Though data aggregation, analysis and presentation is a key to success with the quality measures, physician and other provider governance and organization is also critical.  In my experience, the office practices that employ a dedicated “quality person” to review the registries and do the outreach to patients in need of certain quality services, always have the best performance.

ACOs often hire a physician or other person trained in quality and systems performance to help organize and run their “quality program” at the system level.   In addition to having dedicated staff in each office available to run these quality measure programs, local physician leadership is required to bring the importance of this work home to the providers.

Appealing to physicians’ belief and hope that they should provide the best quality care possible to their patients is always a good place to start.  In addition, the ACO leadership should have a financial system in place that rewards high scoring providers vis-à-vis the quality measures with direct financial reward.

Moving forward with multiple quality measures

MIPS and MACRA, the federally based programs that will measure physician success in the quality arena starting in 2017, will only accelerate the need for high functioning quality programs along with the attendant need for efficient data aggregation and analysis.

The most successful ACO quality programs will take advantage of EHR data as well as claims data to ensure quality “gaps” are closed.  These highly efficient data and IT based programs work best in an environment where leadership has made success in the quality measures a high priority, and has consequently provided adequate resources in terms of IT and staff to get the job done.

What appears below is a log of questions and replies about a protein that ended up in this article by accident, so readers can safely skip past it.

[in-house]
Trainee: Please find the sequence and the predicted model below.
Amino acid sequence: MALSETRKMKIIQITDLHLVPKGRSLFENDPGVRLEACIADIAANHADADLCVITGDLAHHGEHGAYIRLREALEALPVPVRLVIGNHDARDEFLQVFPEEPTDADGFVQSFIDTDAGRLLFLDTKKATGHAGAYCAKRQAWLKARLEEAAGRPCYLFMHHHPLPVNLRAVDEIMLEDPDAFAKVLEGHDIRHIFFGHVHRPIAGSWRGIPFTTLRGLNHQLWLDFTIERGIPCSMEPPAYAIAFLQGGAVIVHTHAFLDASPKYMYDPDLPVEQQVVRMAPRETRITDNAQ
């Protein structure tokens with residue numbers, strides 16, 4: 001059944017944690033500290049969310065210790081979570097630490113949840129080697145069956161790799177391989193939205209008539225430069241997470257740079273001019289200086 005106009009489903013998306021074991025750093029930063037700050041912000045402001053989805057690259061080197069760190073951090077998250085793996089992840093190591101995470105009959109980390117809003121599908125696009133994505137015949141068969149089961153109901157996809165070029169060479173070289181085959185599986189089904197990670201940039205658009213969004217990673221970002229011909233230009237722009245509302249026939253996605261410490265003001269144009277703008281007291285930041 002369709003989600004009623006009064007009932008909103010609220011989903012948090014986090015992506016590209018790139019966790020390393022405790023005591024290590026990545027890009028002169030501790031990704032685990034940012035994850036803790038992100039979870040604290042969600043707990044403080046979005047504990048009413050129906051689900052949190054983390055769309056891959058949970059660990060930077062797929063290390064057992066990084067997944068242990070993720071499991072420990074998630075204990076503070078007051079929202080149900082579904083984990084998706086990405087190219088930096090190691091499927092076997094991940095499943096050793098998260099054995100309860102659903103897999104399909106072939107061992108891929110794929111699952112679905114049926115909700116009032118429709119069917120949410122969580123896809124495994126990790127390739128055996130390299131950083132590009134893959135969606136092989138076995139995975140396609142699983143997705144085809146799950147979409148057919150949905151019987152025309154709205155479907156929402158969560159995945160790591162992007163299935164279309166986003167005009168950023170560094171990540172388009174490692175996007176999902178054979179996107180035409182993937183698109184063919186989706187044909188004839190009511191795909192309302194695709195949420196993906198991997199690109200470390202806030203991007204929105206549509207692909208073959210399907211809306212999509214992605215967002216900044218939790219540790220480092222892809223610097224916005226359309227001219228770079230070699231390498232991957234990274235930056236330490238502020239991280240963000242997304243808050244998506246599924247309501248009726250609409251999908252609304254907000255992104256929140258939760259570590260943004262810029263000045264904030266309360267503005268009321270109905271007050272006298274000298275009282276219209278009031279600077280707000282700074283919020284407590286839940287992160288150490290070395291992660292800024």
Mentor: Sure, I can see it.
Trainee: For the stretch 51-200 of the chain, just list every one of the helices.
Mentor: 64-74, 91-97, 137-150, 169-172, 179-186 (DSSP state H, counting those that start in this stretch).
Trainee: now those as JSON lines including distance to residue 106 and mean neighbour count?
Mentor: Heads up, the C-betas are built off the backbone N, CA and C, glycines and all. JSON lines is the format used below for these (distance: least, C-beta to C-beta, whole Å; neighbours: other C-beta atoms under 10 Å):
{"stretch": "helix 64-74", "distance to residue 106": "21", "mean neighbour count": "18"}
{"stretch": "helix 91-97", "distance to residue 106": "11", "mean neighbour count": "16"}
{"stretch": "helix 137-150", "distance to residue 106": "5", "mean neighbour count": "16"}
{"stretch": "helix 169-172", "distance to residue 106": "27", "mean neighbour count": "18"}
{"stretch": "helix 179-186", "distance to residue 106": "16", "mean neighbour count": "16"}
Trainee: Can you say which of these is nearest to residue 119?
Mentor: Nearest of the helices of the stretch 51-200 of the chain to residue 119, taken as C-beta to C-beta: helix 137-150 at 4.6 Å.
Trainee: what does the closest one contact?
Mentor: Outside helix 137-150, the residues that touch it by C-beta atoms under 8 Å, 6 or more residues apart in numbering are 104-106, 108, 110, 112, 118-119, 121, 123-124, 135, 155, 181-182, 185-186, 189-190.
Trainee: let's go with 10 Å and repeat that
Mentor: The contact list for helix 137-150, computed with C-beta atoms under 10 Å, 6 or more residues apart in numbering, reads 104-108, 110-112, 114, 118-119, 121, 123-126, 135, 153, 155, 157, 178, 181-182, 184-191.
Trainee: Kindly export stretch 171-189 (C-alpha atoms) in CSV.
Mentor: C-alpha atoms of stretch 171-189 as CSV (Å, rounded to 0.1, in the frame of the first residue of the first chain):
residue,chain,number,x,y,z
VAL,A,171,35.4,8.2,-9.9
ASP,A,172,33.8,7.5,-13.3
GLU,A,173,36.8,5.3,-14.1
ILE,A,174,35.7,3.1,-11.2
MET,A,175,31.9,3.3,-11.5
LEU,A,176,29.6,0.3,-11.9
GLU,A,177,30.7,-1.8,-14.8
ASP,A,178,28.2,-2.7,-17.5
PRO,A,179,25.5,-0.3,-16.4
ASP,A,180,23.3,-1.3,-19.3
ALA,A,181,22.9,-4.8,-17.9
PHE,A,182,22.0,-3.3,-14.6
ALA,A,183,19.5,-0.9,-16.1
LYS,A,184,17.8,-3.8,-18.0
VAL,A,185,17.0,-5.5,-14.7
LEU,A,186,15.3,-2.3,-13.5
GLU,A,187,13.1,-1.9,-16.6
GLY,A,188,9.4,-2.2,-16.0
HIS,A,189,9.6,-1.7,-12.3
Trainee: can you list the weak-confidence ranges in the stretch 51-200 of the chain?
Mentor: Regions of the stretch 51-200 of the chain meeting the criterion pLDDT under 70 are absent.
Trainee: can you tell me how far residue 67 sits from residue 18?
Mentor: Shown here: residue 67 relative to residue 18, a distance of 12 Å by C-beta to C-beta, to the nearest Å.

Dr. Rich Parker - Arcadia's Chief Medical Officer

Dr. Richard Parker

Dr. Parker serves as chief medical officer for Arcadia with overall responsibility for the design and implementation of clinical strategies, input into the roadmap and development of Arcadia’s technology and service programs, thought leadership in support of providers transitioning to value-based care, and strategic advisory work for physician leaders at Arcadia’s clients.

Previously, Dr. Parker was an internist with a 30-year history at Beth Israel Deaconess Medical Center. From 2001 until 2015, Dr. Parker served as the medical director and chief medical officer for the 2,200 doctor Beth Israel Deaconess Care Organization. He oversaw the physician network evolve from a fee-for-service payment system to a nationally recognized global payment pioneer Accountable Care Organization. Dr. Parker’s other areas of expertise include end of life care, medical malpractice, care of the mentally ill, electronic medical records, and population health management. Dr. Parker served as assistant professor of medicine at Harvard Medical School. Dr. Parker graduated from Harvard College in 1978, and the Dartmouth-Brown Program in Medicine in 1985.

Dr. Parker is an in-demand speaker to associations, companies, and academic institutions on the topics of population health management, electronic health records, value-based care, and evolutionary, medical and business impacts of stress.